Passiflora holosericea | The Italian Collection of Maurizio Vecchia

Passiflora holosericea, information, classification, temperatures. etymology of Passiflora holosericea. Discover the Italian Passiflora Collection by Maurizio Vecchia.

Passiflora holosericea | The Italian Collection of Maurizio Vecchia

Systematics (J. Macdougal et al., 2004)

SUBGENUS: decaloba
SUPERSECTION: multiflora


From Mexico to Honduras, Cuba, Colombia and Venezuela.




 P. reticulata Sauv.


From the Latin holosericeus (dressed in silk) for the tomentosity of the leaves. 


 Chromosomes: 2n=14..



The flowers of this passionflower, widespread in Mexico, Venezuela and Columbia, do not exceed 4 cm in diameter and are thus not very large; however, unlike almost all other species that have solitary flowers, its petiole can carry up to eight.

The fragrant and contrasting flowers contain three colours together: the pinkish-white of the sepals and petals, the burnt dark red of the innermost part of the corona, and the warm, intense yellow of the outermost part of the corona.

Everything is immersed in the velvety, soft green of the leaves covered by a fine silky down.

There are also other interesting aspects to highlight, such as its vigorous and generous flowering. It is a plant that goes all out and, when happy, will thicken and bloom without respite. In a short time, it is covered with round buds that do not take long to open in succession.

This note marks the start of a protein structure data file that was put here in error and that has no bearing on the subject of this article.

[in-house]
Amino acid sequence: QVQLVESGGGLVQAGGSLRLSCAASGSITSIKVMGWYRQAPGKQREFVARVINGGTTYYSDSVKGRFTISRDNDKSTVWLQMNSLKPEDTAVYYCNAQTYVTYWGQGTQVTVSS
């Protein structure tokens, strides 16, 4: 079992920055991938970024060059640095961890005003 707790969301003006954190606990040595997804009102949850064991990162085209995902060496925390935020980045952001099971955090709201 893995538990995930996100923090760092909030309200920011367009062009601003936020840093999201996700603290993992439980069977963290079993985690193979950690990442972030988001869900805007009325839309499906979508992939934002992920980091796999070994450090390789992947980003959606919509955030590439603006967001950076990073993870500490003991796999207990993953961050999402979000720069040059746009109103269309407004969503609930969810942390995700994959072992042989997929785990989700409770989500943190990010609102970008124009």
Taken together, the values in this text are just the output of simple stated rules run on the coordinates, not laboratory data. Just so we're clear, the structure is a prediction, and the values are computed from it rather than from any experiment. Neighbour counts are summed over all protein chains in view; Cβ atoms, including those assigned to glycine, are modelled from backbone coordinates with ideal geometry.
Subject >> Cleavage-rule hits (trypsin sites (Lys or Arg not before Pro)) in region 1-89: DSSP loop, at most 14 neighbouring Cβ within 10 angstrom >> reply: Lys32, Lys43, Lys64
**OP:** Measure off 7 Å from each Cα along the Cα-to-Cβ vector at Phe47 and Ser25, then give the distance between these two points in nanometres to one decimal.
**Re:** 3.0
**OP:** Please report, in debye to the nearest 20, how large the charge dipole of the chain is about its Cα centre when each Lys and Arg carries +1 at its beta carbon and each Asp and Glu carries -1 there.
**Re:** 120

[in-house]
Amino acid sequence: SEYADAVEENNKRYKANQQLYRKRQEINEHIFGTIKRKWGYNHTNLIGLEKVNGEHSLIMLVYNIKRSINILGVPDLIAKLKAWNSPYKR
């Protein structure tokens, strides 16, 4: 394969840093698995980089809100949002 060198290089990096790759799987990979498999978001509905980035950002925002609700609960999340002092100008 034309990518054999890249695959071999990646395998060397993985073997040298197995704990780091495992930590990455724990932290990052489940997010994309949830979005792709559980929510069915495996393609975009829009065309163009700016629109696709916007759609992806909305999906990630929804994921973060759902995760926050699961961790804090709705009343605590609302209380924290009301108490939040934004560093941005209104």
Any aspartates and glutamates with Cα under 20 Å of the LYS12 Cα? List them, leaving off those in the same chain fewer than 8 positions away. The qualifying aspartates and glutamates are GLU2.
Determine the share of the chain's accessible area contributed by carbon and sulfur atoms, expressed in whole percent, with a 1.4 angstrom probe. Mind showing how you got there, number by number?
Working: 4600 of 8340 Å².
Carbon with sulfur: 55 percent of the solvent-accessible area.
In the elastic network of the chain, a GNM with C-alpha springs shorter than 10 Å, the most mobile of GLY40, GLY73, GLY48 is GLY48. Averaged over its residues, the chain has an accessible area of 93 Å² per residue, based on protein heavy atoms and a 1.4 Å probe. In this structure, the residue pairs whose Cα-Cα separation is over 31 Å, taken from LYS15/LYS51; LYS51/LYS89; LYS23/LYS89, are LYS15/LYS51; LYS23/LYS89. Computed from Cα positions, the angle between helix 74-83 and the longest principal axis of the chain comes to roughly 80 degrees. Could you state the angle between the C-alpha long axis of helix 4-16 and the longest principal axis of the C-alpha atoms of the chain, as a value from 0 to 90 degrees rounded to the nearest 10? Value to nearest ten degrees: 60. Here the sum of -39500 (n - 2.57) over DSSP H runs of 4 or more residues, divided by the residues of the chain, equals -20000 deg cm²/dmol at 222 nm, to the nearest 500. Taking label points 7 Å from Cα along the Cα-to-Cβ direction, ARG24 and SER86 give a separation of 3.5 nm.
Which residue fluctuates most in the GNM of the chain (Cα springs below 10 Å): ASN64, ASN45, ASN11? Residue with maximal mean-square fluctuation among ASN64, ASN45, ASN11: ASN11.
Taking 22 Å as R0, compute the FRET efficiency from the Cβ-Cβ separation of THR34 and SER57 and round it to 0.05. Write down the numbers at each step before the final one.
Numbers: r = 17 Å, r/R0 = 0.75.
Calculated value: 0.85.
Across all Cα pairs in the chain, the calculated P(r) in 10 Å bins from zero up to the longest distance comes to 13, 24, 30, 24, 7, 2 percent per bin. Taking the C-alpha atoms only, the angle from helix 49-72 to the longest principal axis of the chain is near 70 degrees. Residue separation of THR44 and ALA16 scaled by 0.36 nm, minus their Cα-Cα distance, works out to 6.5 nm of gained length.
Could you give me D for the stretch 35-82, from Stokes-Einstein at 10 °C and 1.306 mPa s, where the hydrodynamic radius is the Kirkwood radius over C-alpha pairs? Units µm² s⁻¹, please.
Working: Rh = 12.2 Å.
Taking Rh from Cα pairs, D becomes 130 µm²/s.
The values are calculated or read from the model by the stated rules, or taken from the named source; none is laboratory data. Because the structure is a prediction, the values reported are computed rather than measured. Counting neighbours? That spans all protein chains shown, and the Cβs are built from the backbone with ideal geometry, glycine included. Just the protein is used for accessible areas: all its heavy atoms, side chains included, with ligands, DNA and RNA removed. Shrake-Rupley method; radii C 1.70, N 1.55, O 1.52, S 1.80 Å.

It has large, showy trilobate leaves, which are intriguing because of the uncommon and diversified shape on the same specimen. Some have only a hint of lobes, others are deeply incised. The median lobe, in all cases, is long and prominent, while the lateral ones, when they exist, are short. The leaves can reach 10 cm in length and 7 cm in width. The petiole bears two small glands almost halfway along its length. The fruits are spherical and also covered with soft down on the surface.

If cultivated in a large pot, it will grow to an impressive size; for this reason, it is necessary to give it space both in width and height so as not to sacrifice its beauty.

It does not like temperatures below 12-13°C; for this reason, it cannot be grown in open ground or left outdoors in winter, even in the warmest areas.

The soil must be rich and well-fertilised to ensure that its leaves attain an intense green.

Propagation from cuttings presents no difficulty. From seed, however, germination can be erratic.